Any immigration reform bill has to be reported out of the House Judiciary Committee. And the Chair of the committee who'd have to pass it out says no way to any 'pathway to citizenship.' "People have a pathway to citizenship right now: It's to abide by the immigration laws, and if they have a family relationship, if they have a job skill that allows them to do that, they can obtain citizenship," Goodlatte said.
Yet the 'pathway to citizenship' is the core of the reform Democrats overwhelmingly embrace, the public at large embraces by significant margins. There's simply no way a bill passes and gets signed by the President that doesn't include one. And as Benjy Sarlin explained yesterday, what President Obama is proposing as a 'pathway' is actually quite expansive and generous to undocumented immigrants currently in the country.
It seems unlikely to me that Goodlatte is bluffing. He's a conservative Republican who speaks for the base of his party which has made 'amnesty' and deportation critical litmus tests for candidates during the last two presidential cycles. He speaks for the folks who gave John McCain a rough time at that townhall on Tuesday.
You might assume that when push comes to shove John Boehner would let a bill go through the House on a majority of Democratic votes. But how does it even get through Committee?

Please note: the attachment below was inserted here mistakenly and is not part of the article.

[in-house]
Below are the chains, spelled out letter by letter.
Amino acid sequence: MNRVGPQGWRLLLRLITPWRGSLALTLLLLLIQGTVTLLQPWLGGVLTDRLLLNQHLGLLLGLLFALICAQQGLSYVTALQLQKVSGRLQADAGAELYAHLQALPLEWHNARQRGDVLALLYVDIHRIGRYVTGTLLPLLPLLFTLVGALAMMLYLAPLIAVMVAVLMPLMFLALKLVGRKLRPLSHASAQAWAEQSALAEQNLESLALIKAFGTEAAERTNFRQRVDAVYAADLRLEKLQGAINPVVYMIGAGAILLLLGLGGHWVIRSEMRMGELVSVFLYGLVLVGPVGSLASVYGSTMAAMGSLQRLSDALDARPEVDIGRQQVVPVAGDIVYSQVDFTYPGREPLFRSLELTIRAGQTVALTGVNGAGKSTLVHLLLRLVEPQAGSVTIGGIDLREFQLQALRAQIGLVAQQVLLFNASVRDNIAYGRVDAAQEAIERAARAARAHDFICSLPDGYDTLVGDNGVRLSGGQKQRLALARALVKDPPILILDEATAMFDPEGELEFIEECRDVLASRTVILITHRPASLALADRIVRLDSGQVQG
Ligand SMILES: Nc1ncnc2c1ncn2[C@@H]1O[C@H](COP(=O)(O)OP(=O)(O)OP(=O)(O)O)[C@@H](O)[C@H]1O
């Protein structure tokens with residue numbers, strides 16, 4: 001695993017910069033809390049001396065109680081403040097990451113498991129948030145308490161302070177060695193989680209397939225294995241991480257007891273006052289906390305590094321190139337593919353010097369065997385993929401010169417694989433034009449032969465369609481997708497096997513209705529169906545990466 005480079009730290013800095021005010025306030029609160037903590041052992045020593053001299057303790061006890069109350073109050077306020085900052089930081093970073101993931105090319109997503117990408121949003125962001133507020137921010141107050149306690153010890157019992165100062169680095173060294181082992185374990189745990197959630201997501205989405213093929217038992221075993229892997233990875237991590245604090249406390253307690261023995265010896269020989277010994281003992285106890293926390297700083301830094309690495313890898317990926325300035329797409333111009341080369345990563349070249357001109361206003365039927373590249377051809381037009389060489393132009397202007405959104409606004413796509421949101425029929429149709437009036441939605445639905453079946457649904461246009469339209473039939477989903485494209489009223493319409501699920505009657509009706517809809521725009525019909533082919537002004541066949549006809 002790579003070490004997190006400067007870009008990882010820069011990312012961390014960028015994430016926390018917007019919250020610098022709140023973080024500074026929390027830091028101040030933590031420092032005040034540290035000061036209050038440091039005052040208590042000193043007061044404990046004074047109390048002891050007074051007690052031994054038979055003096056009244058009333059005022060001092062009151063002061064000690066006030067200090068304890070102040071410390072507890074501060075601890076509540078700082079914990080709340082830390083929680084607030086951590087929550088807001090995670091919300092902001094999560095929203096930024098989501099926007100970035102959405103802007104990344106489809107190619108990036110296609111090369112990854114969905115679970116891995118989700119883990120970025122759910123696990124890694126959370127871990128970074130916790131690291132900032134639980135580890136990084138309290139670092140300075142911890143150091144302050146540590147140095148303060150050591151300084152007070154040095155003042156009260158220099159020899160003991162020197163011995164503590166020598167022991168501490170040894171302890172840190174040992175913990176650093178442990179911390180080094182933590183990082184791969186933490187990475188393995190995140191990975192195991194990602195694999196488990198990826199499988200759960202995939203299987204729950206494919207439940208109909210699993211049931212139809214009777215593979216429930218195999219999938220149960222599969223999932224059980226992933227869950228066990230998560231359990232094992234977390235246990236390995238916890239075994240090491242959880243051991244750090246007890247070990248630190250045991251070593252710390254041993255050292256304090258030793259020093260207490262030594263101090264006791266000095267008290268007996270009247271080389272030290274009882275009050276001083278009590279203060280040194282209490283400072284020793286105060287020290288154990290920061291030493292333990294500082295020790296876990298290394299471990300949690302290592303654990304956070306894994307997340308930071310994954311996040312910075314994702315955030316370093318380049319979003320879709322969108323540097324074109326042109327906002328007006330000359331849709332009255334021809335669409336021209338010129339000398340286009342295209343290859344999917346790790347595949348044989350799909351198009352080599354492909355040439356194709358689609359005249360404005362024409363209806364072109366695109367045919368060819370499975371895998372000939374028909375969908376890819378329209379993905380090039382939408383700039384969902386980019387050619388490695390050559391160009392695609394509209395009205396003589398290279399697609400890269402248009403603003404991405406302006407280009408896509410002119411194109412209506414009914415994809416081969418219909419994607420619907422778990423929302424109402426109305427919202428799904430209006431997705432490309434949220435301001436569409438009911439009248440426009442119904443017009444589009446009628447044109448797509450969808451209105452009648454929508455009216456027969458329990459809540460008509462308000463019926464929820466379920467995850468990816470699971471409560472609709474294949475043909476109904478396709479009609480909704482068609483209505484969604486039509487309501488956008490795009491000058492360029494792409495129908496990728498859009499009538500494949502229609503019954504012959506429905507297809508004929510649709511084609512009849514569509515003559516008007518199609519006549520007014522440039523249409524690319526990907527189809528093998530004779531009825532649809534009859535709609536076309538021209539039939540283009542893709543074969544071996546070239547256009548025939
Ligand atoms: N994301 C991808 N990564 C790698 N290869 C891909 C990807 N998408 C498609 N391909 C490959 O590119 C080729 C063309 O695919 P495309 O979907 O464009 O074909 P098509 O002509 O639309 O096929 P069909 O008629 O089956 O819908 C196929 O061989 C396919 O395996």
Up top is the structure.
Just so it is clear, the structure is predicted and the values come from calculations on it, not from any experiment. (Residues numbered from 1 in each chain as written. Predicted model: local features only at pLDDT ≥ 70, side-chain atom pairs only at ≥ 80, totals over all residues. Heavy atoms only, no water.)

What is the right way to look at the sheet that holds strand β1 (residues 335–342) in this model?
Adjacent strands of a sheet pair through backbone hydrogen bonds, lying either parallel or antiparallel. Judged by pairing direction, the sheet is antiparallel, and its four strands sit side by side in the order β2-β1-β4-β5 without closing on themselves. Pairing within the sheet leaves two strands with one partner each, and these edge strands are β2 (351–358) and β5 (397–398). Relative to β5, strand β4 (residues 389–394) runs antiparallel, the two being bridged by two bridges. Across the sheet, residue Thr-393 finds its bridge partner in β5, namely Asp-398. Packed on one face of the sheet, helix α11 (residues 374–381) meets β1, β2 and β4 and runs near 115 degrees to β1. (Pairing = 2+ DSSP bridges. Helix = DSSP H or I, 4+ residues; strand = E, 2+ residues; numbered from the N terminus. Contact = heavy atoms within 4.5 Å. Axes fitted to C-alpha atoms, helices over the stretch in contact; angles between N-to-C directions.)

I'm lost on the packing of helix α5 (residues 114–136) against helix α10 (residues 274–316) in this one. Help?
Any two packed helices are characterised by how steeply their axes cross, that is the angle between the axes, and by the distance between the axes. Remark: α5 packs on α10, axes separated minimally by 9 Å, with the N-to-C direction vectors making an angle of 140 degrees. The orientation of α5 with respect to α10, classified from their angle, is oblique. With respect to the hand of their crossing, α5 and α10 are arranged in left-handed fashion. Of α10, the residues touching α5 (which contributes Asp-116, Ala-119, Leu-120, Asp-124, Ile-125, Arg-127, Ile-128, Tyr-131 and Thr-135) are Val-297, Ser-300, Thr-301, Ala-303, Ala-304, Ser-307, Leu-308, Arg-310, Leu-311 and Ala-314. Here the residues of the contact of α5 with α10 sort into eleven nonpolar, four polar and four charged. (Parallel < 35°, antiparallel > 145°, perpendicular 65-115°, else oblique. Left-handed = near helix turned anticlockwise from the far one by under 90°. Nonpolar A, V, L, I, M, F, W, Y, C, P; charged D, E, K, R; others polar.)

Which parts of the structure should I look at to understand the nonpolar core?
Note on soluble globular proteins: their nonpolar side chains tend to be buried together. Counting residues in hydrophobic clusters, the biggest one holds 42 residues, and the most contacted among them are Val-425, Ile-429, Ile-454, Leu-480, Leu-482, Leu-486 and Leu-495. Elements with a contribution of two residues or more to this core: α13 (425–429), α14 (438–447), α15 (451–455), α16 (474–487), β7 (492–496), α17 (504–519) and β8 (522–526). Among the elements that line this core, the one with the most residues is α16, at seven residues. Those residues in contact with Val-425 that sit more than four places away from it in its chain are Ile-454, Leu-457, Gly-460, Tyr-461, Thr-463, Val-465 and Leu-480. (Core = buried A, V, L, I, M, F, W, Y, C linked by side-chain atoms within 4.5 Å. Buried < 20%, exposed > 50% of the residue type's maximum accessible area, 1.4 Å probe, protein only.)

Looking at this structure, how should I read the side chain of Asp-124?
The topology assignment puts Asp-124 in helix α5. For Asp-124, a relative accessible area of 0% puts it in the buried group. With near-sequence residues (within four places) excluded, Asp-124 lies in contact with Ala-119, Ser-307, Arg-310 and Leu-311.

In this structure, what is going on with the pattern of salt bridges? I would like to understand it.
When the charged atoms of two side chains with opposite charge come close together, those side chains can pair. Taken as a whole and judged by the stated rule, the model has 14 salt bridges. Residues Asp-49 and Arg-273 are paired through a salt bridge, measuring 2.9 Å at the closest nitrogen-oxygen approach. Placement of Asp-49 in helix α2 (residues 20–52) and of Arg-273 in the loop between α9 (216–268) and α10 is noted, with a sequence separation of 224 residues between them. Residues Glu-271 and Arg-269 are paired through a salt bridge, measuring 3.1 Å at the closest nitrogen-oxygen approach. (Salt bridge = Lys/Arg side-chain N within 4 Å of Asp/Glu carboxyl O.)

I'm not saying reform won't happen. I believe it will happen Eventually. Democrats desperately want it and Republicans desperately need it. But this confirms for me my belief that this entire debate is moving forward on the quite false assumption that the actual Republican party somehow no longer exists. It does.
[ed.note: I've gotten a few responses to this post that make it clear to me that I wasn't clear enough. A bill doesn't have to go through committee. And as one reader just noted, really big deals often don't. But ... but, these kinds of actions are a big deal in themselves if they're clearly intended to circumvent a chairman or the party's whole backbench which this pretty clearly would be. More often, Goodlatte is really just an example for the better part of the Republican caucus. It's not like he's just some crazy guy who happens to be in this pivotal position. He's representative of the views of his caucus. I do think we'll eventually get reform. But I also think people are completely underestimating the wrecking ball that will have to be put through the House to get it. And remember, Boehner's a weak speaker.]